“Tartan Video” has re-released the film with a different cover, but the disc is the same as the original 2002-release. The film is presented in Anamorphic 1.66:1 (with black bars on both sides on a WS-TV) and is a bit of a mixed bag. Blacks sometimes lean more to the murkier side and some softness is present. There were also some compression issues or similar, so the details can get restless. The transfer is relatively clean, but some film artifacts are visible from time to time. The transfer is quite decent, but I wouldn´t say pristine.

NOTE, that the next section might include minor spoiler:
The UK-print includes the short “Intermission (Pauze)” around the 60:16 minute mark like e.g. the R1-release by "Anchor Bay". This revealed some differences between these two releases:

*In the R0 UK-version, the Intermission is shorter - lasting approx. 34 seconds and the image fades to black during it (staying that way all the way through). When it returns, the film starts right off with the scene where the man is jumping into the small boat and then shouts "Auf wiedersehen!" (and off they go). Comparing the same sequence in the R1-release reveals that the UK-version is actually missing some footage after the "Intermission".
*In the R1-version, the Intermission lasts approx. 1:36 minutes and instead of fading to black the image "freezes" (to the image where the soldier is watching to the sea). When it returns to the film, we´re in the cabin of the ship, where Erik (Rutger Hauer) and Guus (Jeroen Krabbé) are a bit seasick and nervous. They hear some voices and spot the unknown battleship in the darkness. Then they finally shout "English!". It´s after this scene when we get to the scene where the man jumps to the small boat (and shouts "Auf wiedersehen!").

So the long story short: The UK-version is first missing approx. 1:02 minutes of the (I assume) original Intermission AND then approx. 44 seconds of actual film after the Intermission (the scene in the cabin of the ship). Hard to say why this is, but at least it´s not related to censorship (nor print damage, I assume).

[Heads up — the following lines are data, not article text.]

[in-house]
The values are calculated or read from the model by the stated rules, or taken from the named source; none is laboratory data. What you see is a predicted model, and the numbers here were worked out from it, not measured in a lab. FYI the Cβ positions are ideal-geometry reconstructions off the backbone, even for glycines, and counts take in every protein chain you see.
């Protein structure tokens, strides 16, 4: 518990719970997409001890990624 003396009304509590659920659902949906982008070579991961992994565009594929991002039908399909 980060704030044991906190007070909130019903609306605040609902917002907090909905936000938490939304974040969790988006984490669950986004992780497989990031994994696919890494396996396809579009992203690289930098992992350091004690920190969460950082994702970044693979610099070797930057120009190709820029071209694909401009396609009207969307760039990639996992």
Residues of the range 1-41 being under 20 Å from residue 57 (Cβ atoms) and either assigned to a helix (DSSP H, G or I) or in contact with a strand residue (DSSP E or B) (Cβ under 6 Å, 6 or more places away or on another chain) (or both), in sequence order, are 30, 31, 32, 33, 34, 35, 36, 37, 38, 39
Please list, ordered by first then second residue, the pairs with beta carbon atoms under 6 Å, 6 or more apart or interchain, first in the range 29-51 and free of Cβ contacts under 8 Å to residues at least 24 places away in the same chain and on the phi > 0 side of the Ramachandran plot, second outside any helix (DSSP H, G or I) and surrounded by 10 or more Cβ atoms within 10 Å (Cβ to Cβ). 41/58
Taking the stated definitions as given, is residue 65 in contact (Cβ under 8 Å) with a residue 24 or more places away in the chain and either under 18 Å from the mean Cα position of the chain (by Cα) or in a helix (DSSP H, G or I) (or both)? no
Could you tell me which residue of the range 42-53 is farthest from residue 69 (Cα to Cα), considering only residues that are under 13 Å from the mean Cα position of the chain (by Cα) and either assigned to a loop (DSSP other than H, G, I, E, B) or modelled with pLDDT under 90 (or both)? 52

When it comes to the actual transfer, the US-release seemed a bit sharper to my eyes (sharper image also underlines some of the mediocre aspect of the transfer), but both transfers looked quite similar. Neither one is perfect. I also noticed that the US-release is using “burnt-in” English location/time captions, while in the “Tartan Video”-release they´re player generated (part of the subtitle stream). The “dual layer” UK disc is “R0” encoded and has 30 chapters. The film runs 147:13 minutes (PAL).


Dutch Dolby Digital 2.0 Mono is the only audio choice, along with optional English subtitles. Track is a quite standard and clean Mono-track. It lacks some depth, but is quite a satisfactory choice for the film. Good 5.1-track would´ve worked in some of the “action scenes”, though. Do note, that some English language segments in the film are not subtitled. It also seems that at least some scenes in the film are post-dubbed.


Original Dutch teaser runs 0:42 seconds and English language theatrical trailer (2:22 min) with the name “Survival Run” (this was another shortened variation of the film) is also included.

Cast & crew filmographies includes director/co-writer Paul Verhoeven and actors Rutger Hauer and Jeroen Krabbé. Film notes by Tom Dawson includes 6 text screens.

Bonus trailers (“World Cinema Trailer Reel”) for “Audition AKA Odishon (1999 - 1:21 min), “Battle Royale AKA Batoru Rowaiaru (2000 - 1:38 min), “Freeway II: Confessions of a Trickbaby (1999 - 1:34 min), “Julien Donkey-Boy (1999 - 2:31 min), “The Terrorist (1999 - 1:47 min), and “The Bergman Collection” (2:58 min) rounds up the extras.


Essential European war-film from the master of suspense, drama and violence. “Soldier of Orange” has its flaws and it feels a bit “shortened” (from the mini-series), but Verhoeven´s craftsmanship is undeniable. This film should deserve the remastering from the original elements, but in the meantime this “Tartan Video” release will do. The lack of real extras was disappointing.

For more info, please visit the homepage of Tartan Video (UK).

The Film: Video: Audio: Extras: Overall: